Japanese convenience stores (often referred to as konbini) offer more than just a late night coffee hit or the chance to read some comic books as you escape the weather. Locals and foreigners alike can make their lives a lot easier by embracing all the convenience store has to offer. And given that there are so many of them, if you can't find one within a five minute walk from your house, then you're probably not in Japan!
Here's just some of what you can get done at your local konbini.
Pay Your Bills
Yes, no excuses here people. Whilst you may not fully understand what's going on with all those letters you receive once a month, the people at your nearest convenience store do and are ready to help you pay them on time. From your apartment utilities to your cell phone, you can pay pretty much any of your bills, including your residential tax! Just hand over the papers and staff will sort out the rest (stopping short of paying them for you, of course!).
Pay For Much Happier Stuff
OK, so handing over cash to pay for your gas might sting a little, but a convenience store can also handle payments for such treats as flights and concert tickets. When booking or ordering online in Japan, be aware that payment options often include' over the counter at convenience stores'. This is an invaluable resource for those who don't have credit cards or for those who are reluctant to input banking details onto websites they don't fully understand. Travel agents too, are happy to organize your holiday and let you pay later, at a convenience store.
An Office Away From The Office
Convenience stores are kitted-out to cope with your photocopying, faxing, and printing needs. Many machines will have instruction in English and other languages. One can also upload documents from a USB, including your photos, for printing. Life in Japan often involves a lot of bureaucracy but it becomes a lot easier if you know that such services are available.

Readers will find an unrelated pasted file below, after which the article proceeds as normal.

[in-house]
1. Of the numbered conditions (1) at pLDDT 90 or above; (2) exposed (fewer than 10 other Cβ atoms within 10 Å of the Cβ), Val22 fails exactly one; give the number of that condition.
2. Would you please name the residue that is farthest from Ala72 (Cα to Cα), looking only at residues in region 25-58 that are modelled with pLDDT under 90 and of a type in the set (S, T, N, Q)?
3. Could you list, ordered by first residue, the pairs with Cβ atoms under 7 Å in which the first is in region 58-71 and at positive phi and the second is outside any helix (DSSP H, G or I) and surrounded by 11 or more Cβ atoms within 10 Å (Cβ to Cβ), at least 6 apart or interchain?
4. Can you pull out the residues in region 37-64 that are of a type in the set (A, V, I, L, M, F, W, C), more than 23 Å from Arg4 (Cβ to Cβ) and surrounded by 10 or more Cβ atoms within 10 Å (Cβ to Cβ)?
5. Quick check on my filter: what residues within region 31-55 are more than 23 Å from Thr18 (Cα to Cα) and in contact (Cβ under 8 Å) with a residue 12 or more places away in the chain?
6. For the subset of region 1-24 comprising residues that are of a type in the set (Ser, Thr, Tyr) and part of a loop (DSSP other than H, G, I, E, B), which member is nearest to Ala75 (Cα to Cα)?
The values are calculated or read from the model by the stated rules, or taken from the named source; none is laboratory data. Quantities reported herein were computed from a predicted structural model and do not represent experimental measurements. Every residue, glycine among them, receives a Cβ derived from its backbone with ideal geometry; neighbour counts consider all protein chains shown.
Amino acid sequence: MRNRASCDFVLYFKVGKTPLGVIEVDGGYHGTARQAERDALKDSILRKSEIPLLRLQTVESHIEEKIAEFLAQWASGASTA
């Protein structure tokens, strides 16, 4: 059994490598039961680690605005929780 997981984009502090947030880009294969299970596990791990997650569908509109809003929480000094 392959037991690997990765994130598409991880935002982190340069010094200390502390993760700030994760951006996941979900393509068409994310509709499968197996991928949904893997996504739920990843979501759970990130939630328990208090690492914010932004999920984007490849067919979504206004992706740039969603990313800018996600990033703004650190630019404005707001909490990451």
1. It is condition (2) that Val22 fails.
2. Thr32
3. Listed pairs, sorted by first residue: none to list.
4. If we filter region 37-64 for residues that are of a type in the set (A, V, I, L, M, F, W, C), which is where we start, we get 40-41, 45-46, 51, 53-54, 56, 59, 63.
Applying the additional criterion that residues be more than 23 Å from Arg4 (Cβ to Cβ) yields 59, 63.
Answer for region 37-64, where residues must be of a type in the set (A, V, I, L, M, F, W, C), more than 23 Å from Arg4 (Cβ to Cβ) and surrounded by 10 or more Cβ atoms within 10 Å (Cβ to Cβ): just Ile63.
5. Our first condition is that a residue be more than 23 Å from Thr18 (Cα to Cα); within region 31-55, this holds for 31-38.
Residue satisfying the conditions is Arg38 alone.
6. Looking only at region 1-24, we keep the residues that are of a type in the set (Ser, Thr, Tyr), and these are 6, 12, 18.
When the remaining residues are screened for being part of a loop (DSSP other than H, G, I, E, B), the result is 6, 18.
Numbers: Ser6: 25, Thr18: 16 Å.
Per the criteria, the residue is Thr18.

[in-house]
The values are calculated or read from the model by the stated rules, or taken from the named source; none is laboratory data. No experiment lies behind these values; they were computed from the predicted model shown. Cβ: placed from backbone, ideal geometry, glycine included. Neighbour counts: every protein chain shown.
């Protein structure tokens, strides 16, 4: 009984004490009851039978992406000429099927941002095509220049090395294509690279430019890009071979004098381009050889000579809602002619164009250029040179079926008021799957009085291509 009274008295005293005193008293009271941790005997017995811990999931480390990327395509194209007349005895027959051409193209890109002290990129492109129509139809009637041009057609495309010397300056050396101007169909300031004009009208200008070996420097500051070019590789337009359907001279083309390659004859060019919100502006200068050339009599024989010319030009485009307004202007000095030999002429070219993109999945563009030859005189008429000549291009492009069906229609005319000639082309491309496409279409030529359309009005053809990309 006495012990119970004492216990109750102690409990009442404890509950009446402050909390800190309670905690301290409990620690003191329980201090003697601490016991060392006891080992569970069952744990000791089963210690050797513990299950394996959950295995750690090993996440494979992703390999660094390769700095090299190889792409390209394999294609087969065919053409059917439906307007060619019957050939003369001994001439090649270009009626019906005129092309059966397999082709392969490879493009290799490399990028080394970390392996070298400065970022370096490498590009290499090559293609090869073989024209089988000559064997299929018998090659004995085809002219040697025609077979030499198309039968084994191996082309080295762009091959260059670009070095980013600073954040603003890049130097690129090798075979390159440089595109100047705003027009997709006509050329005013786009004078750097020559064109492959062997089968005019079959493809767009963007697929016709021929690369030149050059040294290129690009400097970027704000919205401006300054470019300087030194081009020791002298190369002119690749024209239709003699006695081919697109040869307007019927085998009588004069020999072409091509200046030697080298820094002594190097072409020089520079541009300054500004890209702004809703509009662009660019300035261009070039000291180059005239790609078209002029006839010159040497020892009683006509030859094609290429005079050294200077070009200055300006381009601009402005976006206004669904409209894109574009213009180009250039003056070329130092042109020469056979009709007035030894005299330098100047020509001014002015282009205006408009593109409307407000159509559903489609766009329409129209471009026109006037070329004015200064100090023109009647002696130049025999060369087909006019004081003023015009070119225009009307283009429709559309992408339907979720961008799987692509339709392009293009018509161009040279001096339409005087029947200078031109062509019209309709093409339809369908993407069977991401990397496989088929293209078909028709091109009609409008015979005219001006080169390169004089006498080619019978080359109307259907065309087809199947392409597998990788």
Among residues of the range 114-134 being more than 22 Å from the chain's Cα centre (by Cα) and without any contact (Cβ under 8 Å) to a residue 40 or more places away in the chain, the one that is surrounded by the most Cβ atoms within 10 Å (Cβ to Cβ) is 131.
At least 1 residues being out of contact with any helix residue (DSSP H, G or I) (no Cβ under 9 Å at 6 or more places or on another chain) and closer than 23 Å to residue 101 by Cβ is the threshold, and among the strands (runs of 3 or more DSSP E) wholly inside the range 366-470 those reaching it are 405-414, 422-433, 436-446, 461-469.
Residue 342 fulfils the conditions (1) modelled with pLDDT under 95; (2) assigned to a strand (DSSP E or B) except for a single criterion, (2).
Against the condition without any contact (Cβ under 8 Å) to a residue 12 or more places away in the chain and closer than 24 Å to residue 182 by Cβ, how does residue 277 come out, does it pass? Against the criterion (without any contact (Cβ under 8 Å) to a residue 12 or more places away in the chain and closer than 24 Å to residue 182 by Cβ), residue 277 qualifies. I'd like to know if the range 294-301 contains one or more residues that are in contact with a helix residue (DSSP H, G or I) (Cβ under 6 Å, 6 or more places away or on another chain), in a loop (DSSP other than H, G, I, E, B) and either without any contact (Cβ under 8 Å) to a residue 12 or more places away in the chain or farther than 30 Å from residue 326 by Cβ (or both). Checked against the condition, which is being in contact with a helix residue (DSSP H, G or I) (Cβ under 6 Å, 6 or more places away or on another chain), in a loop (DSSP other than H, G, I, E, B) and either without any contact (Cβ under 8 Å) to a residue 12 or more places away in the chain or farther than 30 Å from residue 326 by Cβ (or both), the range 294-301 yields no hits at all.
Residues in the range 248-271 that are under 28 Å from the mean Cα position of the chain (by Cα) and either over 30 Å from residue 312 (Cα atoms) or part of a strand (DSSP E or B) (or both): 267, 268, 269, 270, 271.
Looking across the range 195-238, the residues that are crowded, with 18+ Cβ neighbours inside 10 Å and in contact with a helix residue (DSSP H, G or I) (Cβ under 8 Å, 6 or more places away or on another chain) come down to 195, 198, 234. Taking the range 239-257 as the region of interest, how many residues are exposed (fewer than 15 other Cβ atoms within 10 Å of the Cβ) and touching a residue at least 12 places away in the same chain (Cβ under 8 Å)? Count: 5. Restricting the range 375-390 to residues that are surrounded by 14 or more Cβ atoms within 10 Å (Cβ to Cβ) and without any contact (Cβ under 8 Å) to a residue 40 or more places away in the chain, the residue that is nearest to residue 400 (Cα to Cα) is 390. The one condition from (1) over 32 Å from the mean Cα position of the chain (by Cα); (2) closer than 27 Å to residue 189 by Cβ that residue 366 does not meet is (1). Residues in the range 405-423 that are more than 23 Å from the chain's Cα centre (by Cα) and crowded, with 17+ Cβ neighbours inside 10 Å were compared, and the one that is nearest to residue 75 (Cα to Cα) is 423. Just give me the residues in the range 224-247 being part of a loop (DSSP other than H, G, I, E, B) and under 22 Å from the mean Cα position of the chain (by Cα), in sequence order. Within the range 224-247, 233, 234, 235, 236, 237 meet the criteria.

Get Your Tickets Here
These days, any convenience store worth its salt will have some form of ticket booking/issuing machine. Tickets range from the exciting; concerts, sporting events, theme parks, to the not so exciting; highway buses. Instruction is available in English, receipts are given, and you can pay there and then over the counter. Quick and easy!
The Best of The Rest
Quite frankly, a book could be written on the virtues of the Japanese convenience store, but it wouldn't be very, shall we say, convenient! So, keeping things short, it's worth noting that Seven-Eleven (one of the big konbini players) has ATM s that will accept overseas bank cards. Many convenience stores offer a quasi postal service, where parcels and luggage can be picked-up/dropped-off, and postcards/stamps can be bought. Finally, whilst urban Japan has been a little slow to offer public WiFi, convenience stores haven't (although you may need to register online first). Oh, and they have toilets, but be polite and ask for permission to use them!